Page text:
How Are My Benefits Calculated?

First, be forewarned this is pretty dry material and there aren’t any “easy on the eyes” charts or graphs on this page.

Second, it is important to note you do not have to figure this out yourself! Various tools are available to help you estimate your benefits (including our software as well as the benefits estimator at

However, some people find the formula interesting. For those of you who wish to keep reading…

The exact amount of your Social Security benefit is not computed until you turn 62. At that time, all of your annual earnings are indexed to account for wage inflation. Once each year’s earnings are indexed for inflation, your highest 35 years of earnings are tallied. If you worked more than 35 years, only the highest 35 years will count. If you worked less than 35 years, the missing years will count as zeroes. The 35 years of indexed earnings are totaled and divided by 420 (35 x 12 months) to arrive at your average indexed monthly earnings, or AIME.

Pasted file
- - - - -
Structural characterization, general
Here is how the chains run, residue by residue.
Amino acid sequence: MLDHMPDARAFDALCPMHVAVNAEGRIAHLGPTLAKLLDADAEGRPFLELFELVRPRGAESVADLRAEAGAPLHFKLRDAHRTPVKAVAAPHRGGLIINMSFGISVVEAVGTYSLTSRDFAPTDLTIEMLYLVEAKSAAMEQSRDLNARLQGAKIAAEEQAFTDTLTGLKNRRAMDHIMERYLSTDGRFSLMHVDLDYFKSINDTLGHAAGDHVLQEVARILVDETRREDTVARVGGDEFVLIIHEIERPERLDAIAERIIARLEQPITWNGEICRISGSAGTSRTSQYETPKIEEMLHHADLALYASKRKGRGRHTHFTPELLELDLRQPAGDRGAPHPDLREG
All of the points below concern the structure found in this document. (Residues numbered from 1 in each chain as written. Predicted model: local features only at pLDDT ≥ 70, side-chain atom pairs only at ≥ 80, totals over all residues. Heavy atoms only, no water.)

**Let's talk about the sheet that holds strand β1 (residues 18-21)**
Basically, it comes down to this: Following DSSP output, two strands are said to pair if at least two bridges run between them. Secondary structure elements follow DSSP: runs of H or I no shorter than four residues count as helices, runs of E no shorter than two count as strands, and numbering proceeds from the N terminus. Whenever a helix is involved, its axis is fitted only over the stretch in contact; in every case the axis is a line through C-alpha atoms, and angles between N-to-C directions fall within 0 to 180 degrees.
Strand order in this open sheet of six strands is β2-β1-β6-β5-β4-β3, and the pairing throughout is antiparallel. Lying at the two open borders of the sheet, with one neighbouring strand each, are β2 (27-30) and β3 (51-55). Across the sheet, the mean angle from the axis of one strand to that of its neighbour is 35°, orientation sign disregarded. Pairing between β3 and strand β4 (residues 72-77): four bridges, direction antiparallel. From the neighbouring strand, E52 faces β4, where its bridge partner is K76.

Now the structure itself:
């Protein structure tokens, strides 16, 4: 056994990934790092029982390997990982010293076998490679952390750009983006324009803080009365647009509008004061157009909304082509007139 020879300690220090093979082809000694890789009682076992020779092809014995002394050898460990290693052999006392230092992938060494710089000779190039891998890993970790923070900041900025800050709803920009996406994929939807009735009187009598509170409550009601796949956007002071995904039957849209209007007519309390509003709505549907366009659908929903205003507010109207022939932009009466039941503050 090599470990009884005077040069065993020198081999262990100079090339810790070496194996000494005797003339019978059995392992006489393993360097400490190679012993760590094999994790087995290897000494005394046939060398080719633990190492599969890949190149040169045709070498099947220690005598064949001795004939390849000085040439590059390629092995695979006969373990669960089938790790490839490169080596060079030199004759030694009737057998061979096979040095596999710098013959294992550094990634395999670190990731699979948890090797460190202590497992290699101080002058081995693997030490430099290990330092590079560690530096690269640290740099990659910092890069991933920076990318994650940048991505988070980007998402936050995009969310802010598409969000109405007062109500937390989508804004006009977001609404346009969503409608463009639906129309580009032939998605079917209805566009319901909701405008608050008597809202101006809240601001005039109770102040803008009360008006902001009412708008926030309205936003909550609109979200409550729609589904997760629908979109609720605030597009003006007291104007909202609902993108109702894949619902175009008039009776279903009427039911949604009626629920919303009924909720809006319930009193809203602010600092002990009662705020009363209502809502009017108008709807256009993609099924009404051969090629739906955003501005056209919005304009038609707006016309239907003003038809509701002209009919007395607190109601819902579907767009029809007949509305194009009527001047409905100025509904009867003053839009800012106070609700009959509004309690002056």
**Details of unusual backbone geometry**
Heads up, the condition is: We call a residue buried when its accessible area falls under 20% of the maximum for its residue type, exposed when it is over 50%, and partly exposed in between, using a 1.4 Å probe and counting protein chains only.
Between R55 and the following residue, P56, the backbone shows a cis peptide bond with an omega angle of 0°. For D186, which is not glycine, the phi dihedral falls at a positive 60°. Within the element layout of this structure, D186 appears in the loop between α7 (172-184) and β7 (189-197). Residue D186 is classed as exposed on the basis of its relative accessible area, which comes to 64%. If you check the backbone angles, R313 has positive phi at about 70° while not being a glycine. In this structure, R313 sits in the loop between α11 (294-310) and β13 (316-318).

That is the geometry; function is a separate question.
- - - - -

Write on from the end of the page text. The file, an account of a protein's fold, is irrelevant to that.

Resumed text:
Let’s use Boomer Bob as an example. Born in 1952, Bob earned the Social Security maximum throughout his career. The maximum amount of wages subject to the Social Security tax is adjusted each year for inflation (it is $117,000 in 2014). When his earnings are indexed and averaged, his AIME comes out to be $8,890.

If you are still reading this, then this part will REALLY excite you!

A three-part formula is applied to the AIME to arrive at your Primary Insurance Amount, or PIA. Here is how the formula would apply to Boomer Bob:

1. Baby Boomer born in 1952
2. Maximum Social Security earnings every year since age 22
3. Average Indexed Monthly Earnings (AIME) = $8,890

PIA formula:

• $816 x .90 = $734.40
• $4,101 x .32 = $1,312.32 ($4,917 – $816 = $4,101)
• $3,973 x .15 = $595.95 ($8,890 – $4,917 = $3,973)
Total = $2,642.67

Rounding to the next lower dime, Bob’s PIA is $2,642.60. This is the amount he will receive if he applies for benefits at age 66, his full retirement age (FRA)*.

Click here to learn about more about when you should apply for Social Security Benefits! ‎

*This is a hypothetical case study and actual results may vary, as individual circumstances will be different in each case.